SPECIAL REPORT

Laps Of Luxury

by Victor Chen
Photos courtesy of Wilson Associates
05 Jun 2017

In luxury accommodation, what is essential is often what is invisible to the eye

If one were to use new hotels and resorts design as yardstick, it is clear that the style pendulum has swung from extravagant to experiential where luxury travel accommodation is concerned. While the gilded palaces still exist, a tight circle of curated spaces has formed around them, highlighting locality, authenticity, and uniqueness.

These days an elaborate Hausmannian interior is highly likely a tribute suite recreated for an authentic experience rather than the ‘wow factor’. After all, what ‘wows’ luxury travellers nowadays, intel reports say, is unique experience—a space that tells guests they are no longer in Kansas and should be ready for something new. The days of the cookie-cutter chain hotel covered in pleasant wallpaper and inoffensive art are finally well behind us.    

But how is luxury accommodation defined today, and what are some of its common elements?

“Luxury is very difficult to define,” admits Leonard Lee, Regional Managing Director & Regional Creative Officer, Asia Pacific at Wilson Associates. “It’s subject to demographic and geographic discretion. However, across the board, you need to first understand your guest. Who is staying in the hotel? Who is dining in the restaurant? Visualize them. See them in the space, and understand what they need and want from their stay.”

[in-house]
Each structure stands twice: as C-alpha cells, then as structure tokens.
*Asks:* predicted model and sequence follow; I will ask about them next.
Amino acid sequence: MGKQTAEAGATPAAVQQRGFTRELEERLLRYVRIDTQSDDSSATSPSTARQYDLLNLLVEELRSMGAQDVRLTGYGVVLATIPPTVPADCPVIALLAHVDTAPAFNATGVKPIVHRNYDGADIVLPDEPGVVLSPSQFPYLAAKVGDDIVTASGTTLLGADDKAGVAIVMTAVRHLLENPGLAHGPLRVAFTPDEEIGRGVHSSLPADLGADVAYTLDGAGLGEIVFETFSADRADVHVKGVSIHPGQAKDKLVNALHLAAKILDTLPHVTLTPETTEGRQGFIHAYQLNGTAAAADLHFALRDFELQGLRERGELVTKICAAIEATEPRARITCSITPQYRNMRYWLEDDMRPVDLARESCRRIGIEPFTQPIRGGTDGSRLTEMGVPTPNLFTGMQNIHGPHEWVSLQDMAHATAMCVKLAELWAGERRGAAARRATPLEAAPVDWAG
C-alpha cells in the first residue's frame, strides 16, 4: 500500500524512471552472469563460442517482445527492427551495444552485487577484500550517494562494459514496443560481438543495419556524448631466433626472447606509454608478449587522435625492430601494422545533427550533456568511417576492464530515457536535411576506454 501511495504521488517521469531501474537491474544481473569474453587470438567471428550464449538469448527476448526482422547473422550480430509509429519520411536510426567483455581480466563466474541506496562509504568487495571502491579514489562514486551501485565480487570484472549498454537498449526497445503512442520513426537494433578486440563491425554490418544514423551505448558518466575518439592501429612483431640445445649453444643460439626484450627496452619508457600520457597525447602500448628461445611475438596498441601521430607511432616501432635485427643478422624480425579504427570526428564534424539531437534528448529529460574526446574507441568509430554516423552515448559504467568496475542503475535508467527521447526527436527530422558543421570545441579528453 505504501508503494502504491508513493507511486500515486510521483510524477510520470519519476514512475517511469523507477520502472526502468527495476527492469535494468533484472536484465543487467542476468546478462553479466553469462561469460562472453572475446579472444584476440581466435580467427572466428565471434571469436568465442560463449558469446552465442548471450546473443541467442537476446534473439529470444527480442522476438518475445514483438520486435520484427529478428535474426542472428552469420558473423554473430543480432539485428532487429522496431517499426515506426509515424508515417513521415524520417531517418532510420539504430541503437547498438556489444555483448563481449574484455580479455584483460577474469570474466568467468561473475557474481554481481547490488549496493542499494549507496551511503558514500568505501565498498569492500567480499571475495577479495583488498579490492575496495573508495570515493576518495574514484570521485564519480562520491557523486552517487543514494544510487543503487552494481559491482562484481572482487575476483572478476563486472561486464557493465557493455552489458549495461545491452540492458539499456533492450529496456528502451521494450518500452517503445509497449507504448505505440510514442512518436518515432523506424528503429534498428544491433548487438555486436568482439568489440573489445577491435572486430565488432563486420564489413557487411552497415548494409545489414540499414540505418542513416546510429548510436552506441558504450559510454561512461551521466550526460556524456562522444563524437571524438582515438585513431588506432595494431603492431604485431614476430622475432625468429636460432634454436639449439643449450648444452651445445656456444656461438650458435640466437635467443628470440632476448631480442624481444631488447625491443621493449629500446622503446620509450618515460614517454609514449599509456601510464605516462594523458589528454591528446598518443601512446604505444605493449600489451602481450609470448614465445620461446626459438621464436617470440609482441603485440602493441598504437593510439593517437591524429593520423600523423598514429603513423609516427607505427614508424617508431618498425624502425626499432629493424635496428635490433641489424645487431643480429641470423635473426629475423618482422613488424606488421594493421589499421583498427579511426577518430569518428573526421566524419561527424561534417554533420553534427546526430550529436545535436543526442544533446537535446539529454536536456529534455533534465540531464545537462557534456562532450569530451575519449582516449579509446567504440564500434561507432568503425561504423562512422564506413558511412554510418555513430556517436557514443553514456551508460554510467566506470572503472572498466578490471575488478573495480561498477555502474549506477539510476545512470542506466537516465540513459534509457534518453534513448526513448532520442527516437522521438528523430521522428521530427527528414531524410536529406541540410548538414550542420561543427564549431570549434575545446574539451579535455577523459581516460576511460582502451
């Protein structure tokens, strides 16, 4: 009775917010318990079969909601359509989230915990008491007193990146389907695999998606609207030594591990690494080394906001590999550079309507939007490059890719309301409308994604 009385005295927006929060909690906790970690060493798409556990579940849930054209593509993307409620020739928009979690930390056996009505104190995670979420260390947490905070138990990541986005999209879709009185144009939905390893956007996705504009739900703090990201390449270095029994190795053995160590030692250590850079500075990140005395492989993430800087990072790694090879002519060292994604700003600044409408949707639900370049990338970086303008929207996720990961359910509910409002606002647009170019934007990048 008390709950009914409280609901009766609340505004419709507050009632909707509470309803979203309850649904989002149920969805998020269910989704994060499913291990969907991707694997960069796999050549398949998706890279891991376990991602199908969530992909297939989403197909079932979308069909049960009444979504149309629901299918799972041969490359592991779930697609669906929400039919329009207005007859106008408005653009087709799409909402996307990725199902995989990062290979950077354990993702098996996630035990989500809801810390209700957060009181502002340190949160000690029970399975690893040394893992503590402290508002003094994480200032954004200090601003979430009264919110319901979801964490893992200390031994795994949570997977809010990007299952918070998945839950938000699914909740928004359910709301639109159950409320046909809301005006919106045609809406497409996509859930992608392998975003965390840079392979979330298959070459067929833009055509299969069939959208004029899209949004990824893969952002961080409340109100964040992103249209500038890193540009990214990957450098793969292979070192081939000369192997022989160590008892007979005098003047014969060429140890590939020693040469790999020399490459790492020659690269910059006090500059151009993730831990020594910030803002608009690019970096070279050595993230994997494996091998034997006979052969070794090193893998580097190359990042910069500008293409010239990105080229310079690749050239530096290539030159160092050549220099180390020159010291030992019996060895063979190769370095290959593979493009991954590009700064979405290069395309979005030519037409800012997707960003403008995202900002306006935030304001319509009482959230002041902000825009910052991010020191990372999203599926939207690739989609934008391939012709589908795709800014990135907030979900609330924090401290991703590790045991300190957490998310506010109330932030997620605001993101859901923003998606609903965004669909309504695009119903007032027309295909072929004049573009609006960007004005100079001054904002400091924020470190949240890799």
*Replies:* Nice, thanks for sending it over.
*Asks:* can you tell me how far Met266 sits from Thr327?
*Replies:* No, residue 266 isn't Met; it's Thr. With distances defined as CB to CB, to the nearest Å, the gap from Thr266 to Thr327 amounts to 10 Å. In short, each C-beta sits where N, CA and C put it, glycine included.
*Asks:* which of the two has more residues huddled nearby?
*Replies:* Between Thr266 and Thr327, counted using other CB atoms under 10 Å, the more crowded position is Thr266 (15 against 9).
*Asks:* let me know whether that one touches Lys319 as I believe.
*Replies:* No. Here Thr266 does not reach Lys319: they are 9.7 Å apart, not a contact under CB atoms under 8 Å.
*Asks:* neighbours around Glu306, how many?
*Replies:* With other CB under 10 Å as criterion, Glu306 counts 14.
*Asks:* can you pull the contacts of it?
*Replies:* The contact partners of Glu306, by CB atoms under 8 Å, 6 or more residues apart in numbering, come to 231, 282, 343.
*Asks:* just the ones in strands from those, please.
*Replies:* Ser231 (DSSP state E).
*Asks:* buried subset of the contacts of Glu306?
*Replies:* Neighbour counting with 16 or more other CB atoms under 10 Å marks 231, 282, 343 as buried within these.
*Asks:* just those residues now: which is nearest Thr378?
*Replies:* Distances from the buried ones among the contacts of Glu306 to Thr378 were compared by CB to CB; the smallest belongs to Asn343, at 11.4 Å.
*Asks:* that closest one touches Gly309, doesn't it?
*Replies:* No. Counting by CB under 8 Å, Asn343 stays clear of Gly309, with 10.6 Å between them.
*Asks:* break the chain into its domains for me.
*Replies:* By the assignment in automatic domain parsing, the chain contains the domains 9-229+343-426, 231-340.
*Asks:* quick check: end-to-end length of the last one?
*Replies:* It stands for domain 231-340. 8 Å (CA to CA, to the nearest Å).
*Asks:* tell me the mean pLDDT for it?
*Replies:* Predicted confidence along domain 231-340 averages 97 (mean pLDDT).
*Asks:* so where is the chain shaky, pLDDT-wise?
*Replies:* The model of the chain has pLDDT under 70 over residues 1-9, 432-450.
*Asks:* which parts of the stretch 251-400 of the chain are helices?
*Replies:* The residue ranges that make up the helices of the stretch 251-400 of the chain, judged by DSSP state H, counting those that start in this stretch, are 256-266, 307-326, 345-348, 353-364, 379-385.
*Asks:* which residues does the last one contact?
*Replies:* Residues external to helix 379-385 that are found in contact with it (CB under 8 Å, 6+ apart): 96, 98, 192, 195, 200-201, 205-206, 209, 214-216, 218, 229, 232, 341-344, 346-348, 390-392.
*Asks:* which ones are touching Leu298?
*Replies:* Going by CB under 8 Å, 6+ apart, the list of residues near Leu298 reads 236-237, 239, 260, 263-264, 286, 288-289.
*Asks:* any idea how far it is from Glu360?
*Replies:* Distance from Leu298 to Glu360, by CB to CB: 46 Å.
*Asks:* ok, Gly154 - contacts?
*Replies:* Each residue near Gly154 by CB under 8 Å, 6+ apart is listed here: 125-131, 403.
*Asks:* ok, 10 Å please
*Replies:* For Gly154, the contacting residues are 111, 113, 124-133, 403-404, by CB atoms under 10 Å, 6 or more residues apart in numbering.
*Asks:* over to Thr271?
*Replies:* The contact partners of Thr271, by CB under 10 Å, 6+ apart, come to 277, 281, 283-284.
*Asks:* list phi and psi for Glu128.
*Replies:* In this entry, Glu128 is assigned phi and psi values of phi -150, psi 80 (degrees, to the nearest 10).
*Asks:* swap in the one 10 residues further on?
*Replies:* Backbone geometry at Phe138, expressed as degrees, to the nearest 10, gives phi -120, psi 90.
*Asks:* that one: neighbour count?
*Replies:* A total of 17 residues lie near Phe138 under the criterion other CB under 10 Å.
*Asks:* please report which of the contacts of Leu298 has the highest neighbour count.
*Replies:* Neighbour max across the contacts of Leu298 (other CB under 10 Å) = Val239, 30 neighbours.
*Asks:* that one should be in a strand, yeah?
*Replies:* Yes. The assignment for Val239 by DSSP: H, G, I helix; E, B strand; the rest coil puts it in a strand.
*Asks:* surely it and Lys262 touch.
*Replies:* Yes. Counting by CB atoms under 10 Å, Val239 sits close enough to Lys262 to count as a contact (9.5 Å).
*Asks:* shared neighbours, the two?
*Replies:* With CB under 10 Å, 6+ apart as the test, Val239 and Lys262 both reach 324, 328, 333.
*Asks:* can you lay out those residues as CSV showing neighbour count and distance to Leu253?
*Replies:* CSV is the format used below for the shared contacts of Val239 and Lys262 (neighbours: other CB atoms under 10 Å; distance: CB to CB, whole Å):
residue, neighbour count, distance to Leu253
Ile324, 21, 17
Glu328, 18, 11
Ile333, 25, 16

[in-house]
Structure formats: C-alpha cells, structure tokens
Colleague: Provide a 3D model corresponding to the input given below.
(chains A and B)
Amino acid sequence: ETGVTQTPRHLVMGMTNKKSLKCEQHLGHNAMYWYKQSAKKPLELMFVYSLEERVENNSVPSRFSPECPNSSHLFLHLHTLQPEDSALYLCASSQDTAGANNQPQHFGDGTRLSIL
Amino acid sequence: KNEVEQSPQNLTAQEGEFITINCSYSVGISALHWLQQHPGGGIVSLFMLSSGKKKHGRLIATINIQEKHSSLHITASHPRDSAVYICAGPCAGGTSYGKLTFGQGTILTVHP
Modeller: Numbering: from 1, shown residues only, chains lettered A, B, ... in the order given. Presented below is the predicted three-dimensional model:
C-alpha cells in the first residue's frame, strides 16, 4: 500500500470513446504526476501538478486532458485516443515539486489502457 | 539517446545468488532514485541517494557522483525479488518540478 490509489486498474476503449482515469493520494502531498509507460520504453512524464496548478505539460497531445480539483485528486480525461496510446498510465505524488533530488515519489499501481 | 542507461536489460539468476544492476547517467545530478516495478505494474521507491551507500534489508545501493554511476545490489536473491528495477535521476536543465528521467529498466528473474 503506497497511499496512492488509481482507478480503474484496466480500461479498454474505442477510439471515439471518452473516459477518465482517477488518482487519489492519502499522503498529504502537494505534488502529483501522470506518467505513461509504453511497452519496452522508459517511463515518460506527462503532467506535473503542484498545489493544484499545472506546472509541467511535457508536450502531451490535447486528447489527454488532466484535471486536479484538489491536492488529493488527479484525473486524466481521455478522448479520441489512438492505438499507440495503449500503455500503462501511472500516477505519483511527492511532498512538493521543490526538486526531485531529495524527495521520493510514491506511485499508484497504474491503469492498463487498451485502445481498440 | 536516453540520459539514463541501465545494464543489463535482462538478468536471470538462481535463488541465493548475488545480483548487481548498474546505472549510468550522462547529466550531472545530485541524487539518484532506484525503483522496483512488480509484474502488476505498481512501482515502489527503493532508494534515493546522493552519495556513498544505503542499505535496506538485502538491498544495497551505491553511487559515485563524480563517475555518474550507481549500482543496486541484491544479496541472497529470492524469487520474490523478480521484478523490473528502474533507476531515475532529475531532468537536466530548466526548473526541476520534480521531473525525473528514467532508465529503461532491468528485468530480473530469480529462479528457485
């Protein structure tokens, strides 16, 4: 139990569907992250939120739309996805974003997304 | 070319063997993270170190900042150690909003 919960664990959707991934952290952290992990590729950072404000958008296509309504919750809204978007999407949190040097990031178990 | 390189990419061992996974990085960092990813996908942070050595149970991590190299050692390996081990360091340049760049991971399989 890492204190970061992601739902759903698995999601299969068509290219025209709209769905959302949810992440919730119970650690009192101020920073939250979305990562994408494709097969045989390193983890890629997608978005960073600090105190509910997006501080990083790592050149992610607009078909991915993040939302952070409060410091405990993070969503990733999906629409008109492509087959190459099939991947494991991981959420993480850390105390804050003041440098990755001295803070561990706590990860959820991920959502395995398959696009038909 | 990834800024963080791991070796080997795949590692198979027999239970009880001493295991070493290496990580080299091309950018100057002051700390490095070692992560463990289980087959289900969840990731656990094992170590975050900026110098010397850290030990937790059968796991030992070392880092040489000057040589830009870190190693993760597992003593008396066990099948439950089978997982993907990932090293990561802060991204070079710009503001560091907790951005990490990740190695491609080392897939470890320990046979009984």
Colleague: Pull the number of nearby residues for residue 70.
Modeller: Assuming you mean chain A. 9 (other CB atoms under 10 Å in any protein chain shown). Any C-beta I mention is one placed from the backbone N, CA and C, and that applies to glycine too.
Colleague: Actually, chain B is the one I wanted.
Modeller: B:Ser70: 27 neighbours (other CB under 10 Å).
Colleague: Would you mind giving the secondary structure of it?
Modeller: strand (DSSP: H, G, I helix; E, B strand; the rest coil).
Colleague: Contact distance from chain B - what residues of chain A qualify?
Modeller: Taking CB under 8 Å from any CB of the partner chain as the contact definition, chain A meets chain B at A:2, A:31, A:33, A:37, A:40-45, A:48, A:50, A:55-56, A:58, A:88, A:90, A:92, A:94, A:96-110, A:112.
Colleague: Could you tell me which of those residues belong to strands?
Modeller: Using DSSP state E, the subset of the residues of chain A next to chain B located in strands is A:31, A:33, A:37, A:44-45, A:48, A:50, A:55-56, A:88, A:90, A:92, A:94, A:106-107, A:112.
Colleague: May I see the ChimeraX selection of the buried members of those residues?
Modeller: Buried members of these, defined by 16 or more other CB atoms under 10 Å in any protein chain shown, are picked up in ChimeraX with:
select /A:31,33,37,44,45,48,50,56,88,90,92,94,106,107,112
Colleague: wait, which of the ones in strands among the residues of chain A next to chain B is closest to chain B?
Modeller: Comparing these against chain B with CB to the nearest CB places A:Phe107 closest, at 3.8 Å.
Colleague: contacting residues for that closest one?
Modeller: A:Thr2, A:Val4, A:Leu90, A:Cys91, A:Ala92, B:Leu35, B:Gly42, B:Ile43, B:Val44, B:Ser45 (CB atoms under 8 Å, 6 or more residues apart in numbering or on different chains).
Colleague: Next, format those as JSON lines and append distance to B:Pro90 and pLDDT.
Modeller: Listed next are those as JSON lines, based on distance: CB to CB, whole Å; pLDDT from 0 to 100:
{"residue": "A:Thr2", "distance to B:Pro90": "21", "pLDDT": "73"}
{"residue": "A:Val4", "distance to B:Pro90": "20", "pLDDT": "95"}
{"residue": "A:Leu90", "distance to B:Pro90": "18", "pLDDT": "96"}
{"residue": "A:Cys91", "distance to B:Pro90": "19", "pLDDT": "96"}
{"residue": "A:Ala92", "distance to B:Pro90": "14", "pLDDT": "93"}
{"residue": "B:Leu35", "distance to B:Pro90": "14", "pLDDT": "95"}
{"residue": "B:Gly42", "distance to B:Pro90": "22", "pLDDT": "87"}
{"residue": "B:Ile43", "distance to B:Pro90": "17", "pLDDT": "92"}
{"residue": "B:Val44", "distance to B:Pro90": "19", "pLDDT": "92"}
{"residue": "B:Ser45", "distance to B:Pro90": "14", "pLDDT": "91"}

Wilson Associates is a leading designer of luxury accommodations whose projects include the award-winning Armani Hotel Dubai at the Burj Khalifa, the art-filled Four Seasons Hong Kong, and the ultimate sanctuary Montage Kapalua Bay, as well as the new Hilton Jinan South Hotel in Jinan, China, and the Skye Niseko in Hirafu, Japan.

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“We’ve been designing five-star hotels and resorts for more than 40 years, and we still believe luxury is about creating a sense of serenity,” Leonard emphasizes. “Whether you’ve had a long day of meetings, an active day of sightseeing, or you’ve been lying by the pool, you want your room to be a private sanctuary, a place to recharge.

“A great space is designed to serve the people in it, creating an almost fourth dimension for the guest,” Leonard says. Although he admits that he cannot forge an emotional connection, he is certain he can evoke it. During his 14-year career with Wilson Associates, he has designed award-winning projects for international brands, including Ritz-Carlton, Conrad, Capella, JW Marriott, and Starwood. “It’s the subtle and refined details that define a guest’s experience,” he says of luxury design.

The practice has developed strategies that respond to users’ requirements. For example, the demand for large spaces is supplied with a borderless area where a number of related functions can be carried out in style. “Space is a luxury,” Leonard observes, “so we blur the boundary between the bedroom and the bathroom to create a visually larger room. These spaces flow together, but can also be segregated into three distinct zones: rejuvenate (bathroom), rest (bedroom) and relaxation (living).”

 

“Luxury goes above and beyond; it creates magic. The bigger goal is to create curated experiences that are different, not for the sake of being different, but for creating one-off, bespoke experiences that one can’t get anywhere else.”

New design strategies also cater to new habits, or new norms and preferences. “Guests are spending more time in the bathroom than ever before, so we turn the bathrooms into a spa-like experience. We include large walk-in showers with a myriad of showerheads, a separate cubicle for the toilet, and a walk-in closet, which can be easily accessed from the bathroom, so guests don’t have to leave the bathroom to get dressed,” Leonard explains.